The past two Daily Cup of Joe Articles include additional thoughts on the transition from game 3 to game 4. Wednesday’s Daily Cup of Joe was entitled, “Setting up game 4 of the Hurricanes versus the Capitals.” And today’s Daily Cup of Joe has “Caps vs. Canes: Hurricanes players to watch.”
Setting the stage for what is at stake
Monday’s win is already in the books as a playoff classic. Nothing can change that. But in terms of playing their way back into the series, the work is only half complete. Another win at home on Thursday will pull the Hurricanes even and arguably even give them the upper hand with the momentum heading into game 5. But a loss regains momentum for the Caps and puts the Hurricanes facing a sizable hill needing to win three straight games with two in Washington. The margin between winning and losing is tiny this time of year and single games can carry the fate of how and when the season ends.
Shorter version — We have another HUGE playoff hockey game at PNC Arena in Raleigh tonight.
The two biggest questions entering game 4
(1) To what degree can the Hurricanes extend their momentum into game 4?
The Hurricanes were by far the better team on Monday, but things can and do change instantly in playoff hockey. The question is to what degree that will carry over to game 4.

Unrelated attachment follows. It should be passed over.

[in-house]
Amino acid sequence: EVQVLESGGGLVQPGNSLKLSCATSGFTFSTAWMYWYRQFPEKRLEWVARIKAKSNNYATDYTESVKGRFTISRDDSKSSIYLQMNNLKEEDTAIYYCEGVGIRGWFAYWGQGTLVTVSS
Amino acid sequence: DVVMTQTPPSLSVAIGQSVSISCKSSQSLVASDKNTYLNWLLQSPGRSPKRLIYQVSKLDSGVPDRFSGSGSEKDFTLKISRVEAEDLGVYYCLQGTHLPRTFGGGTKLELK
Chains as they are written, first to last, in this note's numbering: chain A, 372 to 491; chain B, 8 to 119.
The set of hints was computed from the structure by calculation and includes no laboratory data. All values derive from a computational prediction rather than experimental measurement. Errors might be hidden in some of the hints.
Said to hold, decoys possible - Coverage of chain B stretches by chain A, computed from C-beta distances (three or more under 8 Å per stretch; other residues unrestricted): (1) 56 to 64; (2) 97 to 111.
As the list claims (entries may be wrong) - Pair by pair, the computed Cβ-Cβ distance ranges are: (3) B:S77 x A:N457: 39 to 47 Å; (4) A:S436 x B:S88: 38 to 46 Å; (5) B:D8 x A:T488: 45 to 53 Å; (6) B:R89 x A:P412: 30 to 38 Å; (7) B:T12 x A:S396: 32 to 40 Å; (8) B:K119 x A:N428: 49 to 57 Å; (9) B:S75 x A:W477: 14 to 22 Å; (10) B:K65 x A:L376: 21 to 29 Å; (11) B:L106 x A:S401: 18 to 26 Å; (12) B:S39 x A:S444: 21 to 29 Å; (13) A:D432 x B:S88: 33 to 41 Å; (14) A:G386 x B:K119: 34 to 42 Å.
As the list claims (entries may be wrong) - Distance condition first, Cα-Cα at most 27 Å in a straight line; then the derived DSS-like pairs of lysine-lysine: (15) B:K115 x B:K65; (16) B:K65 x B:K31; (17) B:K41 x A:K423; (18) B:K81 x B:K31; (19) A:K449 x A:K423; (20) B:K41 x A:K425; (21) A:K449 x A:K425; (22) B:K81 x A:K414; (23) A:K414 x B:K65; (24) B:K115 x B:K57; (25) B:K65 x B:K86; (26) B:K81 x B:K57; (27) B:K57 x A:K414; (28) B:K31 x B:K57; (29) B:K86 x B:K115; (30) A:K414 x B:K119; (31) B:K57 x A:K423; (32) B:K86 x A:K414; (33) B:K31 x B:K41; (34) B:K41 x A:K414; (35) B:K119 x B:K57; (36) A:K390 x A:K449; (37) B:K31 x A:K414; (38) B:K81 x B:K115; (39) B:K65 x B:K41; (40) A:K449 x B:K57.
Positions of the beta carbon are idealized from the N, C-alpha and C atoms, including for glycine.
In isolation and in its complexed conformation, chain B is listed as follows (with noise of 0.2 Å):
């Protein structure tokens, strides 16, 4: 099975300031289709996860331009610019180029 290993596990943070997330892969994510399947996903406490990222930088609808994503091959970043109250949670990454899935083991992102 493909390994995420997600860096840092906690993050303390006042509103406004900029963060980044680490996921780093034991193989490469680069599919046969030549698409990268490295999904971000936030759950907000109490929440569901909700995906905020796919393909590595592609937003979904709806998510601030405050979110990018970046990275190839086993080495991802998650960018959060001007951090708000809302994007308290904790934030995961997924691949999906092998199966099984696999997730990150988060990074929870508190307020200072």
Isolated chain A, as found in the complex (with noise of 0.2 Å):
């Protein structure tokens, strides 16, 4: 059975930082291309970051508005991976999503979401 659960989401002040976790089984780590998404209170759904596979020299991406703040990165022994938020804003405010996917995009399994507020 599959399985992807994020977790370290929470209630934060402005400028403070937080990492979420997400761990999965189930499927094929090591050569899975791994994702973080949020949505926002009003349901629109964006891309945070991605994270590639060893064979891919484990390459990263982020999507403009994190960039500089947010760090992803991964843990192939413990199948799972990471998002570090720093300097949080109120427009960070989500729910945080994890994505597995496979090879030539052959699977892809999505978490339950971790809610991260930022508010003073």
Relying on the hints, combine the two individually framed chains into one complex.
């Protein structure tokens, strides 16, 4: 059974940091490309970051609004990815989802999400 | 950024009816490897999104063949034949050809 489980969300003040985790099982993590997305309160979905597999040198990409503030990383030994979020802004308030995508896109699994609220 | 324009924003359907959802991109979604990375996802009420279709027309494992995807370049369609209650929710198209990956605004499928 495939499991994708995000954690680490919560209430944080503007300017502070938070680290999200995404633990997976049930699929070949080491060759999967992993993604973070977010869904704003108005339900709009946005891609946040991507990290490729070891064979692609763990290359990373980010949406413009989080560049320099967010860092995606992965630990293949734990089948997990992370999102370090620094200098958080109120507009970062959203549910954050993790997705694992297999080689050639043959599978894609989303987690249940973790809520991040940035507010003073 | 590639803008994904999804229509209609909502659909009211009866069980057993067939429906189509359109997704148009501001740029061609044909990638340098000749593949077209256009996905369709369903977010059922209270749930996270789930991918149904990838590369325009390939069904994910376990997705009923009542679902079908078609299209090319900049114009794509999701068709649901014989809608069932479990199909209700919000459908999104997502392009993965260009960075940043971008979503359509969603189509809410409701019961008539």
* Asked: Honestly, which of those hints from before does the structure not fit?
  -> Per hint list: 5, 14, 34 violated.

(2) How do the Capitals respond/adjust?
The Capitals enter game 4 obviously needing something significantly different than game 3. Will the Caps try to dial up the physical and at times dirty play even higher and turn the series into a backyard brawl?
My watch points for the Thursday’s game build off of the previous two articles and also the questions above.
‘What I’m watching’ for the Carolina Hurricanes versus the Washington Capitals
1) The carry over out of the gate
The building will be rocking with fans hoping to just continue on with Monday’s fun. The Hurricanes should similarly come out with a ton of energy to fuel the same tenacious attack as Monday. The question is if and how quickly the Capitals can right the ship and push back. Ideal for the Hurricanes would be for this game to pick up right where game 3 left off such that the Capitals need to keep scratching and clawing to try to find a higher gear to match the Canes. Best case scenario is that the Hurricanes continue overwhelming the Caps and ride that momentum to an early lead. My specific watch points in this regard will very simply be to what degree each team can advance the puck from its own end versus the other team’s forecheck.
2) The effect of the saltiness and physical play / special teams play